“The world would be astonished if it knew how great a proportion of its brightest ornaments, of those most distinguished even in popular estimation for wisdom and virtue, are complete skeptics in religion.”

He may have got his heretical views from his father who once told him, “There is no God, but it’s a family secret.”

In the 18th century, the French Baron D’Olbach (1723-1789) is credited with regularly holding a salon at his home in Paris where luminaries including Benjamin Franklin would gather and discuss atheistic ideas but these were not widely disseminated. D’Olbach himself is credited with publishing the first explicitly atheist work but he did so anonymously, the authorship being revealed only after his death. In his work, he explained why he had arrived at his conclusions and I think his words reflect the modern sensibility.

“Many men without morals have attacked religion because it was contrary to their inclinations. Many wise men have despised it because it seemed to them ridiculous. Many persons have regarded it with indifference, because they have never felt its true disadvantages. But it is as a citizen that I attack [religion], because it seems to me harmful to the happiness of the state, hostile to the march of the mind of man, and contrary to sound morality, from which the interests of state policy can never be separated.”

D’Olbach’s view of religion is what I think is now becoming more prevalent. Many people are now not actively opposed to religion nor do they expend much energy in fighting it. Instead it is becoming seen as irrelevant to their lives and is viewed with concern only when it does things that are, in D’Olbach’s words, “harmful to the happiness of the state, hostile to the march of the mind of man, and contrary to sound morality, from which the interests of state policy can never be separated.”

Former Arizona senator and 1964 Republican presidential candidate Barry Goldwater expressed a similar view when he said,

“I’m frankly sick and tired of the political preachers across this country telling me as a citizen that if I want to be a moral person, I must believe in “A,” “B,” “C,” and “D.” Just who do they think they are? And from where do they presume to claim the right to dictate their moral beliefs to me? And I am even more angry as a legislator who must endure threats of every religious group who thinks it has some god given right to control my every roll call in the Senate. I am warning them today: I will fight them every step of the way if they try to dictate their moral convictions to all Americans in the name of “conservatism.””

Few politicians of any party today would dare say such a thing, and people point to that as a sign of American religiosity. But that is actually something peculiar to politicians. It is much easier now for ordinary people to be unbelievers. Take for example, this cartoon that appeared in a recent Sunday edition of the Plain Dealer.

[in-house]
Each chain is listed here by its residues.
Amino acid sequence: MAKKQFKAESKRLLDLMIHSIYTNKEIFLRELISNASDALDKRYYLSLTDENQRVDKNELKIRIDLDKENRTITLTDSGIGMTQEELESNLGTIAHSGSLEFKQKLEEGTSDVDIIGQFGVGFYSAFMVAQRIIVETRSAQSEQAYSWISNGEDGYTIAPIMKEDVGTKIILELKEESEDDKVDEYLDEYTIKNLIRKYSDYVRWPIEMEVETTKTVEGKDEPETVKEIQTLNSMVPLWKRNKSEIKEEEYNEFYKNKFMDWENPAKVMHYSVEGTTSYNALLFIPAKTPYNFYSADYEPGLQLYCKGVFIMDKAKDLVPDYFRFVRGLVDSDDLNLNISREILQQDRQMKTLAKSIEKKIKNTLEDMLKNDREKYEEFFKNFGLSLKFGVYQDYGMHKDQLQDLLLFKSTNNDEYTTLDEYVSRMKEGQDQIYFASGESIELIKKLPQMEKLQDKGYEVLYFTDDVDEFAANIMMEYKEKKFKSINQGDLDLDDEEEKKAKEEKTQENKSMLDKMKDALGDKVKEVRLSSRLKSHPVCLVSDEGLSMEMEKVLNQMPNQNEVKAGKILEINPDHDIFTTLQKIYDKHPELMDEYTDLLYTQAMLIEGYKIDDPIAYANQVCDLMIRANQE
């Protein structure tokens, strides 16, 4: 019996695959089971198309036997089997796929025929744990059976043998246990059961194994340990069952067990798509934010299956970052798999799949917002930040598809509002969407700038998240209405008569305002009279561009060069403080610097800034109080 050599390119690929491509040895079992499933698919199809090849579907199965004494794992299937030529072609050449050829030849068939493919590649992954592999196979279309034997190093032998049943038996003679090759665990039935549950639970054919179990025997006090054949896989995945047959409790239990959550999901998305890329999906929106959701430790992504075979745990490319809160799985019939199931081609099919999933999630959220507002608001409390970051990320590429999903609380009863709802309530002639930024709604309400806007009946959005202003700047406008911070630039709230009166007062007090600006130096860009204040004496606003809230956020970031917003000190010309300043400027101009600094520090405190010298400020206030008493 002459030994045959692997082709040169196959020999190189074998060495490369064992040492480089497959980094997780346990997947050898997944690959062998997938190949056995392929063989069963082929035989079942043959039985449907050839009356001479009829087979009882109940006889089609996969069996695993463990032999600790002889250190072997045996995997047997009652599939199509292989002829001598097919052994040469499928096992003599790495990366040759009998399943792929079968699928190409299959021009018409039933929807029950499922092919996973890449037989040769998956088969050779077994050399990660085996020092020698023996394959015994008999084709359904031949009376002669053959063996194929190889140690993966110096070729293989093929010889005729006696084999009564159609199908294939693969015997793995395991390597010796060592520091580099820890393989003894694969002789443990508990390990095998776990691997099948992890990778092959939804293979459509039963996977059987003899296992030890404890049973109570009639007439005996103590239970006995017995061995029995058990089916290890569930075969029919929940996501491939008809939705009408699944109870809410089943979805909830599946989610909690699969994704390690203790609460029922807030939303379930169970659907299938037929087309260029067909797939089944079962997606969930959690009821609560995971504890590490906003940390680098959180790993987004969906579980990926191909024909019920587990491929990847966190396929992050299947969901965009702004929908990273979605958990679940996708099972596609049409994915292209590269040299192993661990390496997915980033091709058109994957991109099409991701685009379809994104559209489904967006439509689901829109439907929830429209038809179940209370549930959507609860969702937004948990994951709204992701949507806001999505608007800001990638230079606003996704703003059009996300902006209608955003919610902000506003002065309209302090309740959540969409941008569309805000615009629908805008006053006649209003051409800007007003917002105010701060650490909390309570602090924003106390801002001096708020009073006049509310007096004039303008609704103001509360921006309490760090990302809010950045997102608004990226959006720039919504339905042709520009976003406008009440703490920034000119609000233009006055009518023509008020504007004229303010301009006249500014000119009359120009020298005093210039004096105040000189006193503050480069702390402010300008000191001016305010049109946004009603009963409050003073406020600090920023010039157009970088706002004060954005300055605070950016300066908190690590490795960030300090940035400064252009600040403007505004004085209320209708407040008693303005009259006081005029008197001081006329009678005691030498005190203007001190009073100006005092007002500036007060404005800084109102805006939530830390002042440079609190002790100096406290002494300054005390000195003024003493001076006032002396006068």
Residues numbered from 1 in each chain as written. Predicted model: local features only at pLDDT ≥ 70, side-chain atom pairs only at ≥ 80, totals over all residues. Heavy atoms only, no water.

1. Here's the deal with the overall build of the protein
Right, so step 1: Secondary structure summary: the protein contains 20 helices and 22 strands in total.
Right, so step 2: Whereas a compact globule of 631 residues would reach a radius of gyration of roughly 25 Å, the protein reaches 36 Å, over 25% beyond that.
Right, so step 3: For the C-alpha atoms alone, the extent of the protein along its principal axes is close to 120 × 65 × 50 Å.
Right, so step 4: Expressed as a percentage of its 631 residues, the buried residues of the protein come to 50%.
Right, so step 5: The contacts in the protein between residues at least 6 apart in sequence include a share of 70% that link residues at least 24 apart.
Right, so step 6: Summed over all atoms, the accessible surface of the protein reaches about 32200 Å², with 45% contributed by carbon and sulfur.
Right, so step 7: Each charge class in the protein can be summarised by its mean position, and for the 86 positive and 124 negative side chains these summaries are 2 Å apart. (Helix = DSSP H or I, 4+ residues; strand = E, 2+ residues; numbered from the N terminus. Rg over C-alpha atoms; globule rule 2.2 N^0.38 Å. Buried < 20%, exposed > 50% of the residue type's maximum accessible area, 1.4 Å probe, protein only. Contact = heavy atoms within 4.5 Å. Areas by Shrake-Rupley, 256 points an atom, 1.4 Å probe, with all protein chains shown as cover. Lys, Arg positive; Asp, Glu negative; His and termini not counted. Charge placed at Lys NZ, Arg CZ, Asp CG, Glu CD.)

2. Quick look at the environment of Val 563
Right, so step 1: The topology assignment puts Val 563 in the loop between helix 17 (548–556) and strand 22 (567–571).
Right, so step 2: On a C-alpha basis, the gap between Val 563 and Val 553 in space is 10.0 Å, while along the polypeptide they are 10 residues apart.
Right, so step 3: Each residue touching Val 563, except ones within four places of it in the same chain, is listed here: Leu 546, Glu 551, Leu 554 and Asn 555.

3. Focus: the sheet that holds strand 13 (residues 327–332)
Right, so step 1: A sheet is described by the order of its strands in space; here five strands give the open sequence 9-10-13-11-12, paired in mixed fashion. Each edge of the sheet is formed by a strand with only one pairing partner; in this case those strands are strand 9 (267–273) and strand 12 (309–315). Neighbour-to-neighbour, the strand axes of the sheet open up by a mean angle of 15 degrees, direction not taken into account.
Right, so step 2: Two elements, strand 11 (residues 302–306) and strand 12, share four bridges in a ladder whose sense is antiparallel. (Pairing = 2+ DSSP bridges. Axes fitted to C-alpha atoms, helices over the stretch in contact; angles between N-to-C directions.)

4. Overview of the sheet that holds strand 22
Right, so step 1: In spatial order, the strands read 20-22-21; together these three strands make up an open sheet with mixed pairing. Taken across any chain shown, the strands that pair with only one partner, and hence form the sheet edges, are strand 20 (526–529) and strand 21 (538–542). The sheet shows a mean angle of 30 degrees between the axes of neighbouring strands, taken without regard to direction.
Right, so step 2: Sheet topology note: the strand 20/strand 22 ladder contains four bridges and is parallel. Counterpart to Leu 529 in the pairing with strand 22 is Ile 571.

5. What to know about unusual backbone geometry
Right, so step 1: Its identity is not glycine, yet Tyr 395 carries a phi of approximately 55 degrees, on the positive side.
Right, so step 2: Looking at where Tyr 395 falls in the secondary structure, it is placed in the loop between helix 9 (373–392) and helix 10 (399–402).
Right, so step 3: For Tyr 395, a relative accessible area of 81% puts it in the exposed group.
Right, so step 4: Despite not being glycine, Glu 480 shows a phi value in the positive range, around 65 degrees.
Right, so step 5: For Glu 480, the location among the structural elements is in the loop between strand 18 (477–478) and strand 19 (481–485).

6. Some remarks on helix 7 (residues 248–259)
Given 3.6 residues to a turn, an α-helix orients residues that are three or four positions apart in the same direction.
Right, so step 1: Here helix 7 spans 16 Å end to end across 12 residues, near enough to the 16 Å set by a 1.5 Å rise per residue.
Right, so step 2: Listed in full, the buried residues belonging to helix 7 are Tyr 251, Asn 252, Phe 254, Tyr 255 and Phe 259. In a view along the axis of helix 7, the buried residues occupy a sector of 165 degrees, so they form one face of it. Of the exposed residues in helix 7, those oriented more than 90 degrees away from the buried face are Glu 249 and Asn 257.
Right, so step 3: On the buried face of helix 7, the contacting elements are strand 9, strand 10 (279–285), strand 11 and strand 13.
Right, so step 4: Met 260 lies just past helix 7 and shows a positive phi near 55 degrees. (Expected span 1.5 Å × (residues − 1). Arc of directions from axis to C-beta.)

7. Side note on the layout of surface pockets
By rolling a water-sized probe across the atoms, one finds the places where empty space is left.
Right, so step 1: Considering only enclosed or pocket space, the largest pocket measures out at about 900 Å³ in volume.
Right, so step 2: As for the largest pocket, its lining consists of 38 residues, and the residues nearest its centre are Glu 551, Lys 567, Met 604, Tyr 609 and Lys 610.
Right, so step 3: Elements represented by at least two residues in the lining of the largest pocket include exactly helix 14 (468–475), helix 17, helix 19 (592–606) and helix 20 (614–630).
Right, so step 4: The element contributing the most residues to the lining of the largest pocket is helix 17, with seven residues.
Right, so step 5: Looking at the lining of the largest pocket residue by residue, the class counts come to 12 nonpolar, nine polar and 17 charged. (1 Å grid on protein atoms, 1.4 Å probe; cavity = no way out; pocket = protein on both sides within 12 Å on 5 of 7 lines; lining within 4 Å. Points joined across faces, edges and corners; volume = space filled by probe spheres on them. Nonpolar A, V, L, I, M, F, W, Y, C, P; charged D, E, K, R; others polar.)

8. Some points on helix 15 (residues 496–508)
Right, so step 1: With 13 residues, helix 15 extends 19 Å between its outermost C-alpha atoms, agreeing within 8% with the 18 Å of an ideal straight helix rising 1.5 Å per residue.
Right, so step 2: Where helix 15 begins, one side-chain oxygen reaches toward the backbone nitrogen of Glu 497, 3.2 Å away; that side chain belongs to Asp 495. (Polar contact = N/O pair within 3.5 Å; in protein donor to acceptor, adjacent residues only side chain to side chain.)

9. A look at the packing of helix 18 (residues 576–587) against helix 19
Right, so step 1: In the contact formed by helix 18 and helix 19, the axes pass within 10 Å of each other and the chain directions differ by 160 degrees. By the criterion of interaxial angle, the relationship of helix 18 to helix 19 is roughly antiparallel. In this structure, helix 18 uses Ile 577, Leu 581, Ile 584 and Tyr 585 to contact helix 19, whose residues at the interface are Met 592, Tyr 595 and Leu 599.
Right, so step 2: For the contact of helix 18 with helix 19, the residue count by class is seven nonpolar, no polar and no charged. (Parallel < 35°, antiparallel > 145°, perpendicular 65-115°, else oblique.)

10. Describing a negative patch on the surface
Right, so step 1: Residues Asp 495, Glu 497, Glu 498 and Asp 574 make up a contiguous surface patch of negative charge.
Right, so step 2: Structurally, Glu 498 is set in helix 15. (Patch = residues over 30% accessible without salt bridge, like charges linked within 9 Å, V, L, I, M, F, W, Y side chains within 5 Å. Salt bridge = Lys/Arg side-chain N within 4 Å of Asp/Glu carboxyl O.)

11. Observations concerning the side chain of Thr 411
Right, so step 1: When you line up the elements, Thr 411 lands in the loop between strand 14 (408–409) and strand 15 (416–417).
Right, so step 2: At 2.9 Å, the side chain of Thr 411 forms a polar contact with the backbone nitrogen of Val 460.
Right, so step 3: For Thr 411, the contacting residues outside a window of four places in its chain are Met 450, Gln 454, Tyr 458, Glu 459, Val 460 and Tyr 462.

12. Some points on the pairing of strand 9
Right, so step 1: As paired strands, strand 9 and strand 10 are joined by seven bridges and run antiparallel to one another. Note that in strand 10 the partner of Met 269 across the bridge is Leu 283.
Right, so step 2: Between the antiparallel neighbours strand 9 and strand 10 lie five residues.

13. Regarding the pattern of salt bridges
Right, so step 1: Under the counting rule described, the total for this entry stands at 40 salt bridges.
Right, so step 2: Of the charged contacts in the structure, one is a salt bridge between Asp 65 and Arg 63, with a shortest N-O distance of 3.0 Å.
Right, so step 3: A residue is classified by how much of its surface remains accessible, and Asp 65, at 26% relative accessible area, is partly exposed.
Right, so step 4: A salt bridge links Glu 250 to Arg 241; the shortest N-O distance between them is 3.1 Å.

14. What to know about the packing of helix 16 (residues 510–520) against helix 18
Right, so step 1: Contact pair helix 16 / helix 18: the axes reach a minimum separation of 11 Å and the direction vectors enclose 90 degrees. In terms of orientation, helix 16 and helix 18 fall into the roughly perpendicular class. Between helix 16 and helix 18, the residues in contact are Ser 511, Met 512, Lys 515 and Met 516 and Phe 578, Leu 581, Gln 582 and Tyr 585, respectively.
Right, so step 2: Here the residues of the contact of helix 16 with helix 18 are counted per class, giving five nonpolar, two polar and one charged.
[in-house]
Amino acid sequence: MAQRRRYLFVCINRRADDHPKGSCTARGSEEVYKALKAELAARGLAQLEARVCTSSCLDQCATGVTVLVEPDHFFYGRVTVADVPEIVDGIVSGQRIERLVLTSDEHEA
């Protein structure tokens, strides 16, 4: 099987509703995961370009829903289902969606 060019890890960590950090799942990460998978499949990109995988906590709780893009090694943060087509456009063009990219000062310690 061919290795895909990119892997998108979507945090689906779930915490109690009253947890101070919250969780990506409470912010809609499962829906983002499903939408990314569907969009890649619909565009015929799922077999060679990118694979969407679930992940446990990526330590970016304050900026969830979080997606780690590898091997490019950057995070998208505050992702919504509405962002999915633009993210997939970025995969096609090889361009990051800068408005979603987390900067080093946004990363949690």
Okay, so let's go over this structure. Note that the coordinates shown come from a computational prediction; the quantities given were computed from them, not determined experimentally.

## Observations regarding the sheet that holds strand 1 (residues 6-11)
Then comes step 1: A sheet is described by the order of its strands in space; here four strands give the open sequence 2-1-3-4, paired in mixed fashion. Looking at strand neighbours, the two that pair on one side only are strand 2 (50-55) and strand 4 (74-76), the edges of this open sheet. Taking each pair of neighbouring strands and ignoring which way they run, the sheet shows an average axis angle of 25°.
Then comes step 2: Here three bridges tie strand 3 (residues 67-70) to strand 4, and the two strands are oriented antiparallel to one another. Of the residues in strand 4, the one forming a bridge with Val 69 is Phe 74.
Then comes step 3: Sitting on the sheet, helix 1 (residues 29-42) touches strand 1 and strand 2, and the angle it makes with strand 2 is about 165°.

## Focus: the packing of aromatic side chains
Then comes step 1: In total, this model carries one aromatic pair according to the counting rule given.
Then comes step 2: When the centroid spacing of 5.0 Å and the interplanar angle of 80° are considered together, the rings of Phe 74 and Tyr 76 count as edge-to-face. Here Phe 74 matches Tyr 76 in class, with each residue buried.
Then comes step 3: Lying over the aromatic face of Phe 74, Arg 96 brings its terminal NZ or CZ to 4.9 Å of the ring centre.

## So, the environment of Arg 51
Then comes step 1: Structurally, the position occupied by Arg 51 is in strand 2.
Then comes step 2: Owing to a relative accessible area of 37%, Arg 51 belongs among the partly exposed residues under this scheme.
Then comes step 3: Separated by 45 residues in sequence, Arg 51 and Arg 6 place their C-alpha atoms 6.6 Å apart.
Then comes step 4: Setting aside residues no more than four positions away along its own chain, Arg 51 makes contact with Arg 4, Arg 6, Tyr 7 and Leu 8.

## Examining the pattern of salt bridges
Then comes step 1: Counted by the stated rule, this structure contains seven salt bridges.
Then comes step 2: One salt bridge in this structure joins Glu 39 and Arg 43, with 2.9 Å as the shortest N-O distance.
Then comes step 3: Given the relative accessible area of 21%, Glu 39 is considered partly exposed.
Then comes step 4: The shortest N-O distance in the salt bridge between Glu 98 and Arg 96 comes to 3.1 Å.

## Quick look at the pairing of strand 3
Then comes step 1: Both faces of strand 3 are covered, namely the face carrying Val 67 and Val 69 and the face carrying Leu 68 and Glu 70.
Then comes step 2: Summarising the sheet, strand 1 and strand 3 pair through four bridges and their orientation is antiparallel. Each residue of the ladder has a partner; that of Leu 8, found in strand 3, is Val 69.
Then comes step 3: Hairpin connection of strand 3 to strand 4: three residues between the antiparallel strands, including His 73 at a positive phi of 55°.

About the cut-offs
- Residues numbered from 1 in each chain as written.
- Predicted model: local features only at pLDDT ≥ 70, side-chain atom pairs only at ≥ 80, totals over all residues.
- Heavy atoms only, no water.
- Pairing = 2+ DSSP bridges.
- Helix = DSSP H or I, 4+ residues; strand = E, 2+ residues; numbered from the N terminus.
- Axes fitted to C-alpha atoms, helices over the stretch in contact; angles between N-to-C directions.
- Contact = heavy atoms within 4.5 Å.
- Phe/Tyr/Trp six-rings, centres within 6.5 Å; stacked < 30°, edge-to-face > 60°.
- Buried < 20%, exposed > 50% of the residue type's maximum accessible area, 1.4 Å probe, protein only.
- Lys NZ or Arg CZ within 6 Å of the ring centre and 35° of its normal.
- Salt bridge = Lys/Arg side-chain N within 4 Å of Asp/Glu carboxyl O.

The fact that such a cartoon can be published in the Sunday funny pages of all places (the most widely read section of the paper) in a pretty conservative newspaper in a fairly conservative state like Ohio without howls of outrage from the readers shows how far we have come. The fact that the words ‘atheist’ can appear but not ‘ass’ is, in a weird kind of way, progress.

But this new freedom is wildly uneven. In some parts of the US being nonreligious can lead to being looked at askance, being ostracized and shunned by family and friends, and even to the loss of one’s job. I am not aware of nonbelievers being attacked or killed in the US the way that transgender and other members of the LGBT community sometimes are. But the situation in some other countries, especially in Muslim majority countries like Saudi Arabia, Pakistan, and Bangladesh and in Hindu majority India, the lives of skeptics are in danger and many skeptics are still fearful about proclaiming their disbelief publicly.

What are other signs of this shift in the US from opposition to religion to disinterest? One is that the atheist movement no longer is identified with a few people. Gone are the days when Richard Dawkins, Sam Harris, Daniel Dennett, and the late Christopher Hitchens were taken as symbolizing the movement in the US. Now not only is there are a much broader and more diverse number of people identified with the movement, the skeptical community feels comfortable enough criticizing those four for many stances that they have taken on many issues.

But more importantly is that more and more people are calling themselves unaffiliated from any religion. They are not all atheists. What is interesting is that a recent survey done by the PRRI found that 73% of those who are unaffiliated are not hostile to religion but say that religion is just not important to them.

The interests of the skeptical community have also expanded beyond religion. The main focus of actions has shifted from opposing and debunking religion to it being just one of many issues, like advocating for equal rights for women and the LGBT community and opposing bigotry in all its forms.